Balance team and individual decisions. A team approach works best; however, I set aside certain decisions that need to be made by me or by my board of directors.
However, when I do that, I take it to my team, to my executive committee, and explain to them that decision is set aside and why. It makes them part of the day-to-day decisions and the large decisions.
Roll with the big dogs. I have a formula in my head. I give myself two minutes to immediately establish credibility by knowledge and intellect. Immediately jump in with what the purpose of the appointment is and then immediately go into points that are important in the industry. I’ll also go outside the specific agenda to talk about what’s going on in the market.
I immediately put the knowledge out there to establish the credibility, and from an intellectual standpoint, I’m on the same platform as the Wall Street firm. Once that credibility is established, then we’re on track.
Don’t build an ivory tower. Keep your finger on the pulse of the company. Being a CEO, it’s easy to not spend as much time going to see customers. When you do that, anything that your customer base is talking about or issues they have is always second-hand knowledge to you unless you’re there.
I was watching TV and [‘Today Show’ anchor] Anne Curry was on about the national campaign for literacy and the more you know, the smarter you grow. That’s the best advice.
You have to put time aside to spend with your people and to read about what’s going on in the market. You can’t let the ego get to you and get in this ivory tower-type mentality.
Roll up your sleeves and stay with your team. Go and see customers. Get out there and actually experience, and not just read about it in the paper or through reports. Reports are good, but outside of reports, there’s a live pulse going on that you have to keep your finger on.
Be patient. When you’re running a company, you get very passionate about it, and you want results immediately. Not all results can happen immediately.
You can get some immediate gratification, but for the most part, especially long-term decisions, you can’t ask every day how it’s going. You have to put some trust in your people and let it play out.
That comes over time. It’s easy to want to keep control on everything, but you’ll wear yourself out. You can’t do it.
I’ve learned to surround myself, and everyone on my team is company-minded. I’m not afraid to put intelligent people around me that could replace me someday. That’s the smart way to go. Some CEOs fear that they want to be the only person that can run that company, but that’s not a smart model.
You look better and are more effective if you’re surrounded by people who are talented. We have great ideas, we have creativity, and if I’m running the whole thing, then I’m going to stifle those ideas and that creativity.
Establish trust. That comes over time. I’ve been with the firm 14 years now, and I’ve worked up through the ranks, so I’ve been in other positions where people are already comfortable with me.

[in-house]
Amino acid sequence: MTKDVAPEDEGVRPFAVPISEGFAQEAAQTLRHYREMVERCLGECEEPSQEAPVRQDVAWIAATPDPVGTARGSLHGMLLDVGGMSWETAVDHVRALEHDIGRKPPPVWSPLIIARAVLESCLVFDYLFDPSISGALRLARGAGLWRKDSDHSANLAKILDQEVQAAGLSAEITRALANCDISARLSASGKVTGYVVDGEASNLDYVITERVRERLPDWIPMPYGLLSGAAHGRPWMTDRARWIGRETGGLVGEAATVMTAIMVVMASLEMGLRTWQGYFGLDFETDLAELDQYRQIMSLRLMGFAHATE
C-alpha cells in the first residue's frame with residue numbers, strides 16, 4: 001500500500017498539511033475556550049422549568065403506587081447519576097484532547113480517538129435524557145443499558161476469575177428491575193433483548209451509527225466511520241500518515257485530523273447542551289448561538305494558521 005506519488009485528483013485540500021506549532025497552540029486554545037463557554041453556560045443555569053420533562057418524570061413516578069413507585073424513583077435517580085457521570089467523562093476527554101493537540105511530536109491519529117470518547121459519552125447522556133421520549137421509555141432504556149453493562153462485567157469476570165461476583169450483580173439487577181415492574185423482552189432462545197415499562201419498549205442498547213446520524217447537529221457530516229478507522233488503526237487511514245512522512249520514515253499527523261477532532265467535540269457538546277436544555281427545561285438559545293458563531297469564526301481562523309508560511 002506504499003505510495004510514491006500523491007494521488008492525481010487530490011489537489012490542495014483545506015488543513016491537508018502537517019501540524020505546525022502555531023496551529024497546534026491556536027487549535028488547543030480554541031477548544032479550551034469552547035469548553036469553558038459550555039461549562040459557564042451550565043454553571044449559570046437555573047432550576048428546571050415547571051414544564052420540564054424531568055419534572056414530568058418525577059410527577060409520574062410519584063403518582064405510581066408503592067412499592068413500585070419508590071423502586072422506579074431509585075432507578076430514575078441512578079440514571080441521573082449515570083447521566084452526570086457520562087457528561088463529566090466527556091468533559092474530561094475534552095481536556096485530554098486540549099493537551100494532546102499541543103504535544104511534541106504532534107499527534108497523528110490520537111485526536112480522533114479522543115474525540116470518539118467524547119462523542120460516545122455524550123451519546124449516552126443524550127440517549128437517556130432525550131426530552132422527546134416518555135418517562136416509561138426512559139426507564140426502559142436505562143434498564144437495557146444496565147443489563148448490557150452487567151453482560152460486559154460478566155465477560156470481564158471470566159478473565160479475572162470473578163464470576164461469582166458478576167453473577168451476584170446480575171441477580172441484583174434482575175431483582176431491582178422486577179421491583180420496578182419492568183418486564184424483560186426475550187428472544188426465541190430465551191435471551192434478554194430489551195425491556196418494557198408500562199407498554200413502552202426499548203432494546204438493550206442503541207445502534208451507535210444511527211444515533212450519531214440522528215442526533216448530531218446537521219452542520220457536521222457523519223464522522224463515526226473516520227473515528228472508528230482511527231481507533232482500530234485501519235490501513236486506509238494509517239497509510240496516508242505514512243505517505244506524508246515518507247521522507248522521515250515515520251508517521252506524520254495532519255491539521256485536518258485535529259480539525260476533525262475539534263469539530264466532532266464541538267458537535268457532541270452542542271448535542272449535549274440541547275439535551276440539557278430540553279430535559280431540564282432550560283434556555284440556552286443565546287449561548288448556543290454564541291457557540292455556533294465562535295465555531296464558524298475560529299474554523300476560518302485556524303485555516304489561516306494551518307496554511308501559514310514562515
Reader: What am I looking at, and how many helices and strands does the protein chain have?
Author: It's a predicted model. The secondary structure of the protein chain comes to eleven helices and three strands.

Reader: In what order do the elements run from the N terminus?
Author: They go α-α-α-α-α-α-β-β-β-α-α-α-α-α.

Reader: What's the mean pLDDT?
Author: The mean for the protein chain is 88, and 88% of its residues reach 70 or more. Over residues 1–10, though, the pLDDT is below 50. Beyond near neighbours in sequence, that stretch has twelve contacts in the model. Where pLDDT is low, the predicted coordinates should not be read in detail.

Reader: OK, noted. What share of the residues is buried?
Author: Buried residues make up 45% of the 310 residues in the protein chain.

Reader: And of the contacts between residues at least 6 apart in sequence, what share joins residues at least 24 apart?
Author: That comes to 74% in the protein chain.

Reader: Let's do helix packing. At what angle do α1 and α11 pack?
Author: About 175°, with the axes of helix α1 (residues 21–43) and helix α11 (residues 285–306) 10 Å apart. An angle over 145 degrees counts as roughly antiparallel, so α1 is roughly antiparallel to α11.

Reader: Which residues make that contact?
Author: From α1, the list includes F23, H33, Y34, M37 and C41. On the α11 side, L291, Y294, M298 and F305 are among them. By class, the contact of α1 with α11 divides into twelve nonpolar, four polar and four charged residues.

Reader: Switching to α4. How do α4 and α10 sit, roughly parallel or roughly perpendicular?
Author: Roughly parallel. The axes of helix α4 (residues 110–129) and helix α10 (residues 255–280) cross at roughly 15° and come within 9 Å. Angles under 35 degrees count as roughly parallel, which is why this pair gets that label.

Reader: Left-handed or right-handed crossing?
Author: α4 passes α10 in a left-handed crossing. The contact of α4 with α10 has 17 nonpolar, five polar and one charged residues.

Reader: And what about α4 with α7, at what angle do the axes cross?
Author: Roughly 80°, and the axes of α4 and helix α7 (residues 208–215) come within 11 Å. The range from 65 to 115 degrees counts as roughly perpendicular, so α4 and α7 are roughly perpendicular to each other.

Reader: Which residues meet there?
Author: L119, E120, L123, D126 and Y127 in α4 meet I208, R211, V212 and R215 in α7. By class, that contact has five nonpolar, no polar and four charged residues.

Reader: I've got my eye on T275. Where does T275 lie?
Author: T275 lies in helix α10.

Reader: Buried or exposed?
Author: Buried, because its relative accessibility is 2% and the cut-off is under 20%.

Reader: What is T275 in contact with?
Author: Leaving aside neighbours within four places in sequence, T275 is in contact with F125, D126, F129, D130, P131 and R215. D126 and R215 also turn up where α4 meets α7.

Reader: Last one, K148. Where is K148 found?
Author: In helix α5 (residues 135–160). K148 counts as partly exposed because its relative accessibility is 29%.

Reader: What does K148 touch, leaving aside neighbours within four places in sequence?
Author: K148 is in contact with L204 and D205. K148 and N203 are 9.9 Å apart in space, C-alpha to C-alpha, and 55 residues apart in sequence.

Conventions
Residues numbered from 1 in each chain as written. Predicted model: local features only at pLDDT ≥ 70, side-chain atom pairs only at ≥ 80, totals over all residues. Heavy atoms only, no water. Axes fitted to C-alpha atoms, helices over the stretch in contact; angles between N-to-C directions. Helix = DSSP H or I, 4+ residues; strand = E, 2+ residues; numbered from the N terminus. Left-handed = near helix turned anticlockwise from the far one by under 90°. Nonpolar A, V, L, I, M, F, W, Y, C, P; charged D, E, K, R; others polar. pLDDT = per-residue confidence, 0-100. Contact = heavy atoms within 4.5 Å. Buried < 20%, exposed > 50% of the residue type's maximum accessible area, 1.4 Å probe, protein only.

With trust, it’s just like personal relationships; you have to gain it. You can’t offer it out there and then not follow through. When I say I’m on your side, and your interest and the company’s interest are aligned, over time, it proves to be true.
Any CEO can destroy trust at any point in time. The way to destroy trust is to say one thing and do the other. You have to be consistent with your behavior. You have to be consistent with your message.
That goes into friends. That goes into children. It goes across the board. It’s a good policy to have.
Involve many people when hiring. It’s difficult for us to hire in our specific niche with the skills unless they come from a competitor, so we tend to grow from within.
We hire for a long period of time. If we’re going to put in all the effort to train and to grow, we want them to stay here for a long period of time. In the hire process, we’re going to spend time with that person and ask them questions outside of the norm just to see who that person is, what their personality is and if they’re trainable. What type of environment are you most comfortable with? Is it important to you that you enjoy your job? Is it something outside of just getting a check? We want this job to be a part of their lives.
That’s something that you have to get a feel for, and we’ll generally bring other people into the interview. If my sales manager is hiring, he’ll bring my CFO in to interview with a person or he’ll ask a training manager (to have) lunch with this person. That way we get a different perspective.
Throw new employees in. You learn faster that way. Sitting down and reading a manual is monotonous. Getting out there is exciting. It’s challenging. It keeps them interested.
If you do that on the onset, you’re going to get somebody on line with the company, whereas if you put them in a corner and give them a manual for three weeks, how does that align them? They feel somewhat ignored.
Stick to your guns. I’ve learned to just be me and not take the expectations of others. Be what works for you and what works for your company.
There’s a lot of expectations, and you can let those expectations drive you or you can drive. Once I let those expectations go and just be me, then people fall in line.
HOW TO REACH: Capital Institutional Services Inc., (800) 247-6729 or www.capis.com